There are many, many things to consider with front kicks. They actually come in many flavors.
The most imporant things to consider are:
1) First and foremost, the force vector is tangential to the trajectory of the kick. And you get 100% energy transfer if you get that contact force vector orthogonal (perpendicular in all directions) to the surface you want to damage or move. This principle of physics explains why pointing the knee, leaving it still, and extending leg with quadriceps results in an "incorrect" kick. The force trajectory will be straight up, and actually parallel to the contact surface. So not only will you throw a perfectly useless kick (which may still have a nifty snap with your gi), but you will also put too much stress on your knee joint vs. all the other joints that can be involved with the kicking motion.
2) Do you want to thrust or snap? Thrusting involves "time on target." These are "stopping" and "crushing" techniques. Snapping involves more soft tissue damage. The biggest visual difference is how long the foot stays extended. A thrust kick is more like a (correct) Uechi sanchin thrust. (I've seen some folks try to snap that. Not correct in my book.) A snap kick is more like a Uechi back fist.
3) What surface of the foot do you want to kick with? The toe (sokusen), ball of foot, foot blade (sokuto), and heel are all perfectly correct versions of the same front kick (shomen geri). And a "Uechi side kick" is not a side kick. That's a misnomer. It's a front kick hitting with the foot blade (Soku*to means foot blade. Shu*to means hand blade. Soku*sen means foot somethingorother...probably related to the toe.)
4) Do you want to emphasize speed or power?
The "Rabesa style kick" mentioned above is what Art taught for years to folks who were in his sparring classes. It is optimized for speed. The foot follows a straight line from floor to target. There is a sufficient horizontal component of the force vector on contact to get the job done, and you get it done FAST. The knee still raises and lowers, but not much.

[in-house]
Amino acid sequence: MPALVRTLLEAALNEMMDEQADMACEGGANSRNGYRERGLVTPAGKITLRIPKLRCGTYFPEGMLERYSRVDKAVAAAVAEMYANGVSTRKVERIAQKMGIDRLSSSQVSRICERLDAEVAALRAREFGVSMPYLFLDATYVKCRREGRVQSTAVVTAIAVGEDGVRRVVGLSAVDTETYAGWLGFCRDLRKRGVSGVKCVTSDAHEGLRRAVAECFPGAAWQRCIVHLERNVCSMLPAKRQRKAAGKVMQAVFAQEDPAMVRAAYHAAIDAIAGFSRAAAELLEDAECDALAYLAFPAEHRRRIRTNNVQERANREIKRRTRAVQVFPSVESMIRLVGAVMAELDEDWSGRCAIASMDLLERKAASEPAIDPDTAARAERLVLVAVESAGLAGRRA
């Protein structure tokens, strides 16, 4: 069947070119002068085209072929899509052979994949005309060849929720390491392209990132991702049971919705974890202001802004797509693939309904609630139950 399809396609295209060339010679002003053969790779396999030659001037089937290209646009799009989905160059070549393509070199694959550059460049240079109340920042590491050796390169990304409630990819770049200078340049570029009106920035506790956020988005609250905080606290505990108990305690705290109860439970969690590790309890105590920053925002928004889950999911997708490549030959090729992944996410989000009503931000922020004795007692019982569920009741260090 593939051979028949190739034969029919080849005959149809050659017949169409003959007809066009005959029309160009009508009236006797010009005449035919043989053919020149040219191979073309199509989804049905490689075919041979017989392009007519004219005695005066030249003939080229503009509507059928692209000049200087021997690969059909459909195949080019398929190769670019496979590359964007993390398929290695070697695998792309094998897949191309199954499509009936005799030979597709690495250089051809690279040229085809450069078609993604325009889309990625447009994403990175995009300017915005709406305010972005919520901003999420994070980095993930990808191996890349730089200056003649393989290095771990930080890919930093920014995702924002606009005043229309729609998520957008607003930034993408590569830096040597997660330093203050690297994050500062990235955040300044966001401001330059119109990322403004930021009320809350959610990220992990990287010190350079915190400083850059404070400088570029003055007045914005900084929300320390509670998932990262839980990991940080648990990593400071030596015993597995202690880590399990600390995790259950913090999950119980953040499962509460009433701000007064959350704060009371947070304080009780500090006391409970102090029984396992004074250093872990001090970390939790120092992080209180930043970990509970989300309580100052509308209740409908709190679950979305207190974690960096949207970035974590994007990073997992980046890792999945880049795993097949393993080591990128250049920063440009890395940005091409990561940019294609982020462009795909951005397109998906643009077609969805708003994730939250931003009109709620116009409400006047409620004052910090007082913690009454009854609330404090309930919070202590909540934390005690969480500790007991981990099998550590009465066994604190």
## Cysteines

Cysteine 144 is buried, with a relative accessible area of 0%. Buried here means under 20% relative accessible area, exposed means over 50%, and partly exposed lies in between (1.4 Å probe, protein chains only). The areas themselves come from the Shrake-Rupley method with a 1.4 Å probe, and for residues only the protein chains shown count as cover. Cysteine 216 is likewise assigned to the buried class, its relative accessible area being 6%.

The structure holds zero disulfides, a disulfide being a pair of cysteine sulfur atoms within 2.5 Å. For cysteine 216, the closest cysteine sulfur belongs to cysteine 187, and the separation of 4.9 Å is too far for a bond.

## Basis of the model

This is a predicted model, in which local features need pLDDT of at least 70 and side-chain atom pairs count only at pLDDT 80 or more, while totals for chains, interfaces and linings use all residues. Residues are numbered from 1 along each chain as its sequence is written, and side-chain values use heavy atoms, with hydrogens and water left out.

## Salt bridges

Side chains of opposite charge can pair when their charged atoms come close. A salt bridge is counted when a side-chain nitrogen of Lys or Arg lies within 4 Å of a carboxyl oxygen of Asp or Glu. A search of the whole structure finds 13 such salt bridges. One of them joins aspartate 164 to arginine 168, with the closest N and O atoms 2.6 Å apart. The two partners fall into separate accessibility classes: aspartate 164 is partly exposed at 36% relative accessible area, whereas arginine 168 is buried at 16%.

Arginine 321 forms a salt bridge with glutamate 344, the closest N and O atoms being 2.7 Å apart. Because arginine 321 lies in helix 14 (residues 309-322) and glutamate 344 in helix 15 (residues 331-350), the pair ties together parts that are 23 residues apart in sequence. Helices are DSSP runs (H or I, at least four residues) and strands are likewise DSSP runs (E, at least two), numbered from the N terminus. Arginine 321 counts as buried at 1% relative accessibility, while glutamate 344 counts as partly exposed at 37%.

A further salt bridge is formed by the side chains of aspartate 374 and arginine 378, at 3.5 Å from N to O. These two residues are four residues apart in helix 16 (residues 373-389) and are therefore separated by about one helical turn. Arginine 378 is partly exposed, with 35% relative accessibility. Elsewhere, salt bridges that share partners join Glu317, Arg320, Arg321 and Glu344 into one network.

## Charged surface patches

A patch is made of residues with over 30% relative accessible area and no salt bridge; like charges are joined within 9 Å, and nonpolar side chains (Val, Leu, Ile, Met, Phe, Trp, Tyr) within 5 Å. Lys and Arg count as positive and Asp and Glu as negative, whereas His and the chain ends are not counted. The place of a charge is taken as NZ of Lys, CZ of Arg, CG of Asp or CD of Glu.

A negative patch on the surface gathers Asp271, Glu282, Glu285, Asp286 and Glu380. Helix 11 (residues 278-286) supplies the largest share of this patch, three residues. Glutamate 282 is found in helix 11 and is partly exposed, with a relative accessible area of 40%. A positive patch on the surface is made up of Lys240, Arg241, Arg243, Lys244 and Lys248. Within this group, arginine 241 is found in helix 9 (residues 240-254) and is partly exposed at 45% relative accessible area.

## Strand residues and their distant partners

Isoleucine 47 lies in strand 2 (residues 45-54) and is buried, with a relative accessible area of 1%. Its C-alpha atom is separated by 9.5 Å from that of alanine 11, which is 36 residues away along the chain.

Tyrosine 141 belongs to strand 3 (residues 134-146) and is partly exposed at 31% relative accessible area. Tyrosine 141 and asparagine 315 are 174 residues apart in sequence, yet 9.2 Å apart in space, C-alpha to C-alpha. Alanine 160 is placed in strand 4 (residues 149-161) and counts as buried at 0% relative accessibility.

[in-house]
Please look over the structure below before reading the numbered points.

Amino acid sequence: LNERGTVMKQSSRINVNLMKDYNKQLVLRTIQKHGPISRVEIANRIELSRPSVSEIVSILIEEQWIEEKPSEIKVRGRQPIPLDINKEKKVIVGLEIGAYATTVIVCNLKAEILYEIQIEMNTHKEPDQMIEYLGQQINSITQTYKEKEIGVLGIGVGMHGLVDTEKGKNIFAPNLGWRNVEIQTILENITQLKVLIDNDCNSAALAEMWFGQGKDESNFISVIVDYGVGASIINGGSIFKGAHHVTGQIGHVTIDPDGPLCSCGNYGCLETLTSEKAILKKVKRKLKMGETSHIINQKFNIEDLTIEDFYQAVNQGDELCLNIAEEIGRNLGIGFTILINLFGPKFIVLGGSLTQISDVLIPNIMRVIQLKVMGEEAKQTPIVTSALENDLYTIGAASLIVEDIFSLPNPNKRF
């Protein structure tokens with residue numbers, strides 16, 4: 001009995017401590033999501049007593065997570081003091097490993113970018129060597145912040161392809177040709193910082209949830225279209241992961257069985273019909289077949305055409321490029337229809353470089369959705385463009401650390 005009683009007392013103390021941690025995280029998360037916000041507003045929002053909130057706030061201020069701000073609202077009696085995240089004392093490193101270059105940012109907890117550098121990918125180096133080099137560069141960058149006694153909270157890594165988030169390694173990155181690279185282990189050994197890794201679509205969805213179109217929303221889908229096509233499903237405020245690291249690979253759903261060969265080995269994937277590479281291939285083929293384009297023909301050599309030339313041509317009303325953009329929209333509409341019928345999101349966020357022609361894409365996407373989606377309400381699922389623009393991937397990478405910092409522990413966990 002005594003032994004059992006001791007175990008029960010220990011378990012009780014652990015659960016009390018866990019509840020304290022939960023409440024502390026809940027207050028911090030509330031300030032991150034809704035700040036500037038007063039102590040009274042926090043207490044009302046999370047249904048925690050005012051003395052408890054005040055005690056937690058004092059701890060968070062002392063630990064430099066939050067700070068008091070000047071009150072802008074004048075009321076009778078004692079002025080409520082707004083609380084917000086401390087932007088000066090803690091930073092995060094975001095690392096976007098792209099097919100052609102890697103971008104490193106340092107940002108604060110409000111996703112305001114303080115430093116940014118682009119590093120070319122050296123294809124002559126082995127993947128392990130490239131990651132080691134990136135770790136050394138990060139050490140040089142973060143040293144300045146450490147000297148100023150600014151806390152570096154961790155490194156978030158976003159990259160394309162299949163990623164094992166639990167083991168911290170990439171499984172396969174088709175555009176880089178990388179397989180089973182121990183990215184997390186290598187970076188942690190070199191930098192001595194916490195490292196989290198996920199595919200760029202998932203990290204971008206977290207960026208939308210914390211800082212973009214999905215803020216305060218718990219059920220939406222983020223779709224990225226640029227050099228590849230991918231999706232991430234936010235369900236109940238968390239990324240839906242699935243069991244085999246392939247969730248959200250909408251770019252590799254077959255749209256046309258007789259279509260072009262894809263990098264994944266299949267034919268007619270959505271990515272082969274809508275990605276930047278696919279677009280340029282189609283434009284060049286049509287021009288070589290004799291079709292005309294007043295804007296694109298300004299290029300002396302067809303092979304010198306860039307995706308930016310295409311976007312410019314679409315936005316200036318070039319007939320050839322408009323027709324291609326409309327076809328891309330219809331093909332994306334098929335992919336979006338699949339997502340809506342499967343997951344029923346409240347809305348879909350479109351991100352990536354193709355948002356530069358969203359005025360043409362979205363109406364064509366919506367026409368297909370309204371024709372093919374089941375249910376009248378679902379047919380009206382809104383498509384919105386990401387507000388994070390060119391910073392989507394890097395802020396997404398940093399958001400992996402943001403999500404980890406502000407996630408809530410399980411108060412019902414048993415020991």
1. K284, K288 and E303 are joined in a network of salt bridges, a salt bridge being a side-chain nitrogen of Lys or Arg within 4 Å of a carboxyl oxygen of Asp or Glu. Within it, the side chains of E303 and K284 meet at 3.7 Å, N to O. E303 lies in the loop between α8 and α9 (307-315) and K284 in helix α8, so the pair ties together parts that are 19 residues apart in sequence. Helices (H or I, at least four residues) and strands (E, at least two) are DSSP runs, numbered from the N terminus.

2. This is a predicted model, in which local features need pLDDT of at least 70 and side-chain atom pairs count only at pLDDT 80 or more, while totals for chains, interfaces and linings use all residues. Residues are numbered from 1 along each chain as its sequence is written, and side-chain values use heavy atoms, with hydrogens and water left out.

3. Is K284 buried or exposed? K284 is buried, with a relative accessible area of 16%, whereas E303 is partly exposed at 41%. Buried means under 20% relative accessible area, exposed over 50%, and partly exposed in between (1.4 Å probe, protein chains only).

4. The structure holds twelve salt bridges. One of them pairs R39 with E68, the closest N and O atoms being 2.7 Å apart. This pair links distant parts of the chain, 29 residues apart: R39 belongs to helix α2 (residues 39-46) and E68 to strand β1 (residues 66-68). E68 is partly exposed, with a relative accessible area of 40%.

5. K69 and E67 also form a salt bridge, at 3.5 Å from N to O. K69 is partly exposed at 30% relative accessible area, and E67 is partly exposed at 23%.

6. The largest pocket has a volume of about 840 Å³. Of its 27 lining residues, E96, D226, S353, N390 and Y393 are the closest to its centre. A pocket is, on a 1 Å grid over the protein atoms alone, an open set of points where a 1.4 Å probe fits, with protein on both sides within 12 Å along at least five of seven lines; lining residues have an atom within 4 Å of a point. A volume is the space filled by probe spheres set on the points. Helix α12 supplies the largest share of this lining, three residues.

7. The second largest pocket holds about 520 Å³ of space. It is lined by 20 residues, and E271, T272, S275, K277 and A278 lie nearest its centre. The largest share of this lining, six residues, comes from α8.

A kick optimized for power and "stopping" will involve more knee lift before extension. That will recruit the gluteal muscles more than the speed kick, and 100% of the force vector is horizontal - straight into the target.
5) "Primitive" kicks involve fewer joints, muscles, and degrees of freedom of motion. The best and most powerful kicks recruit most of the body, and the movements are quite complex. A perfect Uechi front snap kick uses:
* Extension of the ankle as kick goes foreward so that the kicking surface always faces the target - just like a cobra.
* Extension at the knee using the quadriceps.
* Movement of the knee using the glutes (hip extension).
* Rotation of the femurs (BOTH of them ) in the hip sockets. This prevents the "dipping" of the head and/or lifting of the heel of the support leg. It also can add energy to the motion. Ideally you can "cock the trigger" by overemphasizing the sanchin toe-turn-in. This IMO is why Uechika CAN BE masters of the kick off the front leg. It's the stored energy built in the sanchin stance!!
* Snapping of the pelvis (using lower abdominal muscles). Ideally you can "cock the trigger" a bit by letting the ass stick out just before the kick (allowing for some lumbar lordosis before firing the kick).
6) Remember that there is a valid "football kick". What is "wrong" according to rule number 1 above (for hitting a vertical surface of the body) is perfectly correct if you're trying to drive a guy's balls up into his ears. There the target is horizontal, so the trajectory at point of contact should involve a force vector that is perfectly vertical (orthogonal to the contact surface). This is a great self defense technique that we must never forget. Contact point is generally top of foot. Actually to me, I consider this a lot more like a roundhouse rather than a front kick. You just change the orientation 90 degrees.
Hope that helps.